Tuesday, March 21, 2017

For Life to have Meaning, it Must have Hope

   I lost all my poetry a number of years ago. This poem, though, I still remember. I must must have been in my 20s or 30s when I wrote it.

    I hate to be a disappointment
But, friends, I think I am
   Where is the hope. the strength, the drive
To break me through this jam

   The goals for self
I set them high, upon eternity
   But practice has me way below
Below sufficiency

   Now, some don't try
And some don't care
   But me, it's all or none
If I can't have celestial worlds
   Life isn't worth the run

   There's my old poem, then. It expresses the thought that, for life to have purpose, it must have hope.

Ours Might be a Great Moral Imperative to Speak out on Abortion

   We can discuss political matters because we enjoy them. We can do so as a matter of civic responsibility, wanting to be involved. We can have ideas we think will benefit others. But, of of all the reasons for discussing issues, how many of them do we discuss because we feel an obligation to do so in order to protect someone's life?
   Actually, not just one person's life, but millions of people's lives.
   Our obligation to speak out on abortion perhaps exceeds the moral imperative we have to speak out on most any other matter.
   As I think to stop my post with what I have just said, I find myself reconsidering. What I have just said stands on the basis of what I know about abortion, and about life, itself. But, what if there are things I understand incorrectly? What if the opportunity to live is not lost when you are aborted? What if you are allowed to take another body? I do not know all. Maybe some of the things I assume are wrong. If a spirit leaves an aborted body and then comes to earth in another body, that completely changes the severity of depriving it of life.  

Monday, March 20, 2017

Outwitted by Edwin Markham

 "He drew a circle that shut me out --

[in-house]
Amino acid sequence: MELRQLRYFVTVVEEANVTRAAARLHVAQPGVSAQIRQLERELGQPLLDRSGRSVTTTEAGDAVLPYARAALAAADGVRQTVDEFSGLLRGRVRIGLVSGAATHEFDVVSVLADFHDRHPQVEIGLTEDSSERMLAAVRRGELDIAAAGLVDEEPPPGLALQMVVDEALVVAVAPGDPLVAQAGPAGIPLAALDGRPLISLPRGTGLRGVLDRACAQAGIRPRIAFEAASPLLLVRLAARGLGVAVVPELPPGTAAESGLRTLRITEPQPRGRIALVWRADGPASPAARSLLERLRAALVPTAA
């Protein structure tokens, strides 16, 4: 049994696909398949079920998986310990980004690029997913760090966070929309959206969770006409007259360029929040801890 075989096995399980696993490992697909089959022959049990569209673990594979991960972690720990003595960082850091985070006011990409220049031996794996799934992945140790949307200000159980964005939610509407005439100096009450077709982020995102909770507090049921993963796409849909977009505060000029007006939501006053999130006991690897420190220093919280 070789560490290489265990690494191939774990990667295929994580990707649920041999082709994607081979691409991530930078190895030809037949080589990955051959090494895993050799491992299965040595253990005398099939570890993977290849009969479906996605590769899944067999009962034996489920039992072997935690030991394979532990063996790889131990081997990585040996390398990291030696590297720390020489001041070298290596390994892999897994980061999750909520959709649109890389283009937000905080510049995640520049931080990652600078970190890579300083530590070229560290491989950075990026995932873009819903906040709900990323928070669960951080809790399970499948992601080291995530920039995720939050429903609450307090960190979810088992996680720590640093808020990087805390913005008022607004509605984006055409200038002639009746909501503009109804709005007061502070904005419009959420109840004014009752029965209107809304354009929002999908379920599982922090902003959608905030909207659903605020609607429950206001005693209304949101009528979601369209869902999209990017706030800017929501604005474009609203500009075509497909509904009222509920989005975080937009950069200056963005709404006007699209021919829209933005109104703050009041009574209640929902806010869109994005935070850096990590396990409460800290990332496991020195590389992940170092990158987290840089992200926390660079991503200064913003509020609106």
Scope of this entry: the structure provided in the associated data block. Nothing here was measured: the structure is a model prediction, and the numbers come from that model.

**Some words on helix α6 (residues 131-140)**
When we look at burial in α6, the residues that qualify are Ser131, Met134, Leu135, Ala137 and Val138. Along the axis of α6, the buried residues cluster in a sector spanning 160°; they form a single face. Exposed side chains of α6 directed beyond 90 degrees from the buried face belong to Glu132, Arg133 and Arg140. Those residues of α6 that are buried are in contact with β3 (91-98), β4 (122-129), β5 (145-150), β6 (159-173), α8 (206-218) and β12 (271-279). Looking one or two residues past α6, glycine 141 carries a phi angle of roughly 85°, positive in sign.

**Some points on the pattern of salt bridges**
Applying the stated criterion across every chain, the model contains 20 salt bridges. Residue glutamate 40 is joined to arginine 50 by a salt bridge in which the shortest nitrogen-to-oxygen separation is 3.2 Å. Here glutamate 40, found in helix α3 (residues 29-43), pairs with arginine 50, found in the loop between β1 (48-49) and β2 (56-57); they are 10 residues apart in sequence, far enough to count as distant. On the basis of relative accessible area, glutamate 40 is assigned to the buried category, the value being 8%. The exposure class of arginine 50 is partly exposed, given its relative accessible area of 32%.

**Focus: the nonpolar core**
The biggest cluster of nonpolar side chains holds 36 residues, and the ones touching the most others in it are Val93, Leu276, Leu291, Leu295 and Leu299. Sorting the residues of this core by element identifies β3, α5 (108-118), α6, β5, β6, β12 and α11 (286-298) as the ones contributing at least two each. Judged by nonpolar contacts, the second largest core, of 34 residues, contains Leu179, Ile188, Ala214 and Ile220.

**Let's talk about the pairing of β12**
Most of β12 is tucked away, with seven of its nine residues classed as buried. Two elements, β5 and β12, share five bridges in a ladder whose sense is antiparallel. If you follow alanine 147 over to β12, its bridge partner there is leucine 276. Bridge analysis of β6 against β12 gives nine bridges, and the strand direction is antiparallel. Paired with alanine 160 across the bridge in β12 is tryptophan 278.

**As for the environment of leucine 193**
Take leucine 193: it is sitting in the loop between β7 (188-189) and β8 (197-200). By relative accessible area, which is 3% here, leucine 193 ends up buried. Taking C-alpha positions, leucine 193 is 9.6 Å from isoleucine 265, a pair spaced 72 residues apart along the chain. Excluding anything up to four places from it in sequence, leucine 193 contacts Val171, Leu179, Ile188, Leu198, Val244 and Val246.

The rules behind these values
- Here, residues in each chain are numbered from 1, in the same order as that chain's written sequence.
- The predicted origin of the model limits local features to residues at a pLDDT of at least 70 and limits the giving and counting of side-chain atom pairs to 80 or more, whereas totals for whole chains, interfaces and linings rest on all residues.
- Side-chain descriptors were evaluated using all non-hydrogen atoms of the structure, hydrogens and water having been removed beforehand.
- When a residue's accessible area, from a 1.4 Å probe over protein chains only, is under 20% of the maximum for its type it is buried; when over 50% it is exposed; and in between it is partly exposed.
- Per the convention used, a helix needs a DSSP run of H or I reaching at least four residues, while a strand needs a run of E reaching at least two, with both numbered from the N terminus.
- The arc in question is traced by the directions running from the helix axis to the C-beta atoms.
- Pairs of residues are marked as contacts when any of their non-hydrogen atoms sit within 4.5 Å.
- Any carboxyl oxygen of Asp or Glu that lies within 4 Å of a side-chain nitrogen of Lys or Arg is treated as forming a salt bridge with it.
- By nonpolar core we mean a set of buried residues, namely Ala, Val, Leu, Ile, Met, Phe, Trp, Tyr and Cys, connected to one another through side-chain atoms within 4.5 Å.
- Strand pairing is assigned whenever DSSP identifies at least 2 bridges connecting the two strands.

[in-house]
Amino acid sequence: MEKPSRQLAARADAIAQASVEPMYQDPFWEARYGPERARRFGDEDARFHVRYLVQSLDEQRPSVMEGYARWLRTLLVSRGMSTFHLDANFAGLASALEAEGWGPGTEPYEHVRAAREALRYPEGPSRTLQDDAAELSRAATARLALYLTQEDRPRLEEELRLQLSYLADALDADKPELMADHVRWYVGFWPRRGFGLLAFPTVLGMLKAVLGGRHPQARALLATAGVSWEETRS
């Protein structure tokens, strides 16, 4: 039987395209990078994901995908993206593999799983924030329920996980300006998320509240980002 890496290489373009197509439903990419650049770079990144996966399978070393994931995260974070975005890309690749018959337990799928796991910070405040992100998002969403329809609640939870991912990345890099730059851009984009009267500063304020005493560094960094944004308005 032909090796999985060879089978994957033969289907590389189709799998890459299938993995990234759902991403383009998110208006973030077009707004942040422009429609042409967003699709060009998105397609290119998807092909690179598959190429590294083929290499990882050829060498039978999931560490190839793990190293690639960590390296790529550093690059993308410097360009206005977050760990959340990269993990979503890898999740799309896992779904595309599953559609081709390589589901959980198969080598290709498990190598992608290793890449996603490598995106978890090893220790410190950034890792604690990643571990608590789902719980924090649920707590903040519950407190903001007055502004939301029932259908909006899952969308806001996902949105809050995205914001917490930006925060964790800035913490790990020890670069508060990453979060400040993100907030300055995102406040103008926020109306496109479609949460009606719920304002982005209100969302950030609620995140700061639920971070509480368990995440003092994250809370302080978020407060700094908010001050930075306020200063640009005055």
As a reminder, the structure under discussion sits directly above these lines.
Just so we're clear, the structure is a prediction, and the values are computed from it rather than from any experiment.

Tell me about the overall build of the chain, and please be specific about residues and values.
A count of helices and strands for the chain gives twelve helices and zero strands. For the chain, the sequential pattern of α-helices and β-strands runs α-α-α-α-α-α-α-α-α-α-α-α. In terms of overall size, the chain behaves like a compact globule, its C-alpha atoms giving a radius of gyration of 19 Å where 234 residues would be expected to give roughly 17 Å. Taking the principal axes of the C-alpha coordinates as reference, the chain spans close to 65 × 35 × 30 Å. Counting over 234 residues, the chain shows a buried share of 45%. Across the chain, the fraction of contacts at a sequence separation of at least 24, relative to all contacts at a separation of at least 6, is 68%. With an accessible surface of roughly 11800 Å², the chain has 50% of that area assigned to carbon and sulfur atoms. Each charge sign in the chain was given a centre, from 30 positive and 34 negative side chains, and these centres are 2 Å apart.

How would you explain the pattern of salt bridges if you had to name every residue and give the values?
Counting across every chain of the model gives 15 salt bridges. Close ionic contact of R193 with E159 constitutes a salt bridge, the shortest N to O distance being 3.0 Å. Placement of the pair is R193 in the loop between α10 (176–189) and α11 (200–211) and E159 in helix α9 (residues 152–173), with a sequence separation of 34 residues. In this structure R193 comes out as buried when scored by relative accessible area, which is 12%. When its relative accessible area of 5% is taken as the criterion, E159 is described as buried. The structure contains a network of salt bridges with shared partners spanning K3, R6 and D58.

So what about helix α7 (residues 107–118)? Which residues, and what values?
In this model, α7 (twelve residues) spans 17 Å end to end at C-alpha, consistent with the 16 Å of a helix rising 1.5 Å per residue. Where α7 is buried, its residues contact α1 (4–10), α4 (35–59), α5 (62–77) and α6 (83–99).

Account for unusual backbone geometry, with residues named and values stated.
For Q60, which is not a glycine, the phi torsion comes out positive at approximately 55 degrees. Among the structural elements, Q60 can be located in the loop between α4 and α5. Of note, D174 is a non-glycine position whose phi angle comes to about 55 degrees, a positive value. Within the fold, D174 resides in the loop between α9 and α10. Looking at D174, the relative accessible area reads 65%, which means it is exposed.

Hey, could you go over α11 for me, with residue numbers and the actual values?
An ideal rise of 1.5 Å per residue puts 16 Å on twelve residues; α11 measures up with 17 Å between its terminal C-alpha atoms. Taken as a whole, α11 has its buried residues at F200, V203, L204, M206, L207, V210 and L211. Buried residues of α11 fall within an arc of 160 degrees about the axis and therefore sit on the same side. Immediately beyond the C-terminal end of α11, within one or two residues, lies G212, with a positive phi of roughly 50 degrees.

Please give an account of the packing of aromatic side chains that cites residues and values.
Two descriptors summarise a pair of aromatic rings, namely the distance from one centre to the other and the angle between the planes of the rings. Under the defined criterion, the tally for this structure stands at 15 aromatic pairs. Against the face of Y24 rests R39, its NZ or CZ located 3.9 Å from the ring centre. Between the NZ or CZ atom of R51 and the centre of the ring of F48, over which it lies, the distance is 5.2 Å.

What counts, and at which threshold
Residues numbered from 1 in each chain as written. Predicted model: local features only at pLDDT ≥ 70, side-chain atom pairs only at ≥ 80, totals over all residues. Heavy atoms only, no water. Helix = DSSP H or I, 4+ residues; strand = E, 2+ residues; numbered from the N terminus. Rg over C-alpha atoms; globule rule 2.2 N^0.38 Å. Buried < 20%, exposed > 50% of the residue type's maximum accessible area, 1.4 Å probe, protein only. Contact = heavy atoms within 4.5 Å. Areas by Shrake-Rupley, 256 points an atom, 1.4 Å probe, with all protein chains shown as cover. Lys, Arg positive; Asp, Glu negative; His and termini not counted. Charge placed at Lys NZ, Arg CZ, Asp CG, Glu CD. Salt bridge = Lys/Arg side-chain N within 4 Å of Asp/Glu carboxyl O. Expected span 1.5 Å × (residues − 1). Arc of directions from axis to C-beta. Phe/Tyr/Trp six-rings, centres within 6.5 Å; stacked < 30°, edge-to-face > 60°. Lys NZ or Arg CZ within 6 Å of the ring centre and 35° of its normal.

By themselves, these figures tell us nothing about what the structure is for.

"Heretic, rebel, a thing to flout.
 "But love and I had the wit to win;
"We drew a circle and took him in!
 
I think of this poem, in relation to immigration. I wonder but what it applies. We draw a line that shuts them out. We call them criminals. But, perhaps there are others of us who have the will to win. We'll draw a circle to take them in.

Sunday, March 19, 2017

These Days, Standing up for Freedom to Immigrate is Eternal Vigilance

   When it comes to freedom, vigilance is always in order. Forgive me for how I am going to apply this, for it might not fit with the way you are accustomed to thinking.
   For I speak of freedom of immigration -- specifically, immigration as practiced by so-called "illegals."
   Freedom of immigration has eroded over the last century and a half. If we are to be vigilant in protecting all our freedoms, this, too, is one we should be wary of losing. In fact, we should perhaps turn our vigilance more toward this than any other freedom -- at this time, anyway -- for it is a freedom that is being lost.
   Has been lost.
   I have studied this issue. I have learned that the loss of freedom of immigration was one of the reasons our fathers went to war in the American Revolution. At least, in the list of causes for taking up arms against England, the Declaration of Independence mentions restrictions on coming to America as one of the injuries prompting our forefathers to go to war.
   I believe in freedom of immigration. If it is one of the causes for our revolution, it perhaps should be considered one of the founding freedoms of our nation.
   I notice how the first laws on naturalization gave no restrictions on coming here. Rather, they specified that having been here a certain number of years was the basic threshold for being granted naturalization. In 1790, citizenship was granted when you had lived here one year.
   Can you imagine what it would mean if we applied that principle today? All those "illegal" immigrants who have been here a year, instead of being deported, would be granted citizenship. I'm just saying . . . I'm just saying that if we applied the same rules as we had back then, all these "illegals" would be legal.